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Yes JoAnn, practically everything has become an OCD process for my mother. Wiping the counter, playing with her food (dividing, sorting, positioning food on plate), kitchen routines, its mind-boggling to watch but it is due to certain areas of the brain being affected, very strange behavior and she is on Donepezil and Namenda. She has also developed the giggles since starting Namenda... no doubt they included some mood elevators in that drug because everything is funny now
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They keep old routines, and they function longer because the brain can no longer remember new instructions. Or maybe it gives them a sense of control in an increasingly confusing World of Dementia. IMHO
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Oh dear, JoAnn, my mom does it too. She saves little morsels for me.
I asked her if she ate the special blueberry muffin I left for her breakfast
and she said no, she was waiting for me to share it with her.
She hides cans of soup in her bedroom.
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Mom eats light. Usually cereal and toast at breakfast, soup or sandwich at lunch. I understand they don't eat much and I don't give her much. The problem is she is saving it for someone else. She seems to think she needs to share her food. When u say no we have our own, she eats it. Happens more when I cut something in half. Saving leftovers depends on if it is something that will keep.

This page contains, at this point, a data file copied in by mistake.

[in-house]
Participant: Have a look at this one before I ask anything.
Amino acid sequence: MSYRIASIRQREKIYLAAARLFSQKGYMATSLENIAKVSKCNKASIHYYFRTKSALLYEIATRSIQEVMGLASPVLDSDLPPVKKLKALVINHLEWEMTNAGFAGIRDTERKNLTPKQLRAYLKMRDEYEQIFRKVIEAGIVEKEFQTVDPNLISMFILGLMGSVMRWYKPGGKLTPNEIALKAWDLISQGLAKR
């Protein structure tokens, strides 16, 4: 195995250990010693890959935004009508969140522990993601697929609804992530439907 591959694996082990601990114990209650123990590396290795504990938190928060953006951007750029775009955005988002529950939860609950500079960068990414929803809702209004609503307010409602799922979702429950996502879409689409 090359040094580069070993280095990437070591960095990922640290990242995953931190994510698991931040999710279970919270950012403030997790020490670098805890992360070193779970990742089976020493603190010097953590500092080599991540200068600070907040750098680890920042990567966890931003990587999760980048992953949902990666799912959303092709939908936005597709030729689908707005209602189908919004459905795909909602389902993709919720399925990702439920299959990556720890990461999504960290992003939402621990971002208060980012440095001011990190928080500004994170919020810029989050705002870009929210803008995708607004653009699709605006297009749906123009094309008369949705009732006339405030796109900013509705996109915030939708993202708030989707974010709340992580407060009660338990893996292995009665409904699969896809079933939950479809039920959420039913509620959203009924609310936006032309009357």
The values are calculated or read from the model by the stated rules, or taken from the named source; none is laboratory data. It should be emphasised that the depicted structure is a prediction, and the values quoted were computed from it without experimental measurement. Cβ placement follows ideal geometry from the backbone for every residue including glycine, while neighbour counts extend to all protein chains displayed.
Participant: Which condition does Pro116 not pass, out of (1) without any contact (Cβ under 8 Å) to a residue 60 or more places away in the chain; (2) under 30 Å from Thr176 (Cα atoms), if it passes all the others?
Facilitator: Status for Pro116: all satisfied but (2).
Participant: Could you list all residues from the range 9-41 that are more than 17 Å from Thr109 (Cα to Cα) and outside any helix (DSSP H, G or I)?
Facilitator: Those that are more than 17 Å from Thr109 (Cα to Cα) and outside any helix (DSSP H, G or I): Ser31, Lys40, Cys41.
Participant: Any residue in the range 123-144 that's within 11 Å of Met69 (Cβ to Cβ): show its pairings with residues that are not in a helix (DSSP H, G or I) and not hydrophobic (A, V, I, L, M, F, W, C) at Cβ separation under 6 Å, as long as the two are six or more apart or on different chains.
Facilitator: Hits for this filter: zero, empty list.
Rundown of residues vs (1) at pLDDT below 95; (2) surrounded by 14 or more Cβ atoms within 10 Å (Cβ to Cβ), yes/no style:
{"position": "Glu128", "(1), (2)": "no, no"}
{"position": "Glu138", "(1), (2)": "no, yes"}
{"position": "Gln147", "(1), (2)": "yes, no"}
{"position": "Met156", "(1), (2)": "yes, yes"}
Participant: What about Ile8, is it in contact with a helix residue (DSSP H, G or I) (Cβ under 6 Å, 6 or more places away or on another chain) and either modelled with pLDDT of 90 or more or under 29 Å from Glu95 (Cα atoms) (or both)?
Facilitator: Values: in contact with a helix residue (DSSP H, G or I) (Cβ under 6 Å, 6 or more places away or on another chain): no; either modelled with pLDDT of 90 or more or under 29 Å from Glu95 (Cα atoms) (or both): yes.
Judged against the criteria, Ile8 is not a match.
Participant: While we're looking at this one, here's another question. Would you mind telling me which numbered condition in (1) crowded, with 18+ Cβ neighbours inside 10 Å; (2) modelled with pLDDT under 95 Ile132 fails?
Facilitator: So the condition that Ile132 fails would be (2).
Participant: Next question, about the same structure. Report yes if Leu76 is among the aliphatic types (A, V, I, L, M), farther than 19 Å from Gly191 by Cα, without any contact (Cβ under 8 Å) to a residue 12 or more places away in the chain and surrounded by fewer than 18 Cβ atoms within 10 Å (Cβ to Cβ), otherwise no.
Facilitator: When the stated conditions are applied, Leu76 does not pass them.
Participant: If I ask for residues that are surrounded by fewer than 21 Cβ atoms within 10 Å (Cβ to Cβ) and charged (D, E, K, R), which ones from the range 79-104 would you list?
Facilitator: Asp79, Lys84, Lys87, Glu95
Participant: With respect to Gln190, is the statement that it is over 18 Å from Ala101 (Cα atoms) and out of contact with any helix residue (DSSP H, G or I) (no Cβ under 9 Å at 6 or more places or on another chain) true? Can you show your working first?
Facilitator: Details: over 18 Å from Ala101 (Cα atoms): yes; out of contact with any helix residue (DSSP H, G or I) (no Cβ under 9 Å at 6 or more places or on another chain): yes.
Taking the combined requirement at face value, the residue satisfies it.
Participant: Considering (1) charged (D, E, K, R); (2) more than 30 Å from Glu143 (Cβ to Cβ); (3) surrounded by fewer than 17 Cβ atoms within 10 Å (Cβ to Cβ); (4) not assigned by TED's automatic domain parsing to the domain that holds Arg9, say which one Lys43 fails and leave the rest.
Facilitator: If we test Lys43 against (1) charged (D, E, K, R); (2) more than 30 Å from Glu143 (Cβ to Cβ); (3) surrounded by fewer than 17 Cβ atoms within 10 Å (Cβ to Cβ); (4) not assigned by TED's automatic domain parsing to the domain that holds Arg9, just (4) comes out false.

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My mom can finish kid size meals, adult portions just get taken home only to be tossed out much later
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With my loved one, the OCD occurred in certain stages. Now that she has severe dementia, she doesn't obsess as much. She isn't as aware of what's going on, so she doesn't concern herself with it. But, previously, she was very OCD. She was obsessed with her cat and could not bare to allow the cat out of her sight. She was terrified the cat would escape from the house through a crack the size of a pea. She would also cut her trash into small pieces and put it into plastic zip lock bags before putting it into the trash. As she progressed, all of that faded away through.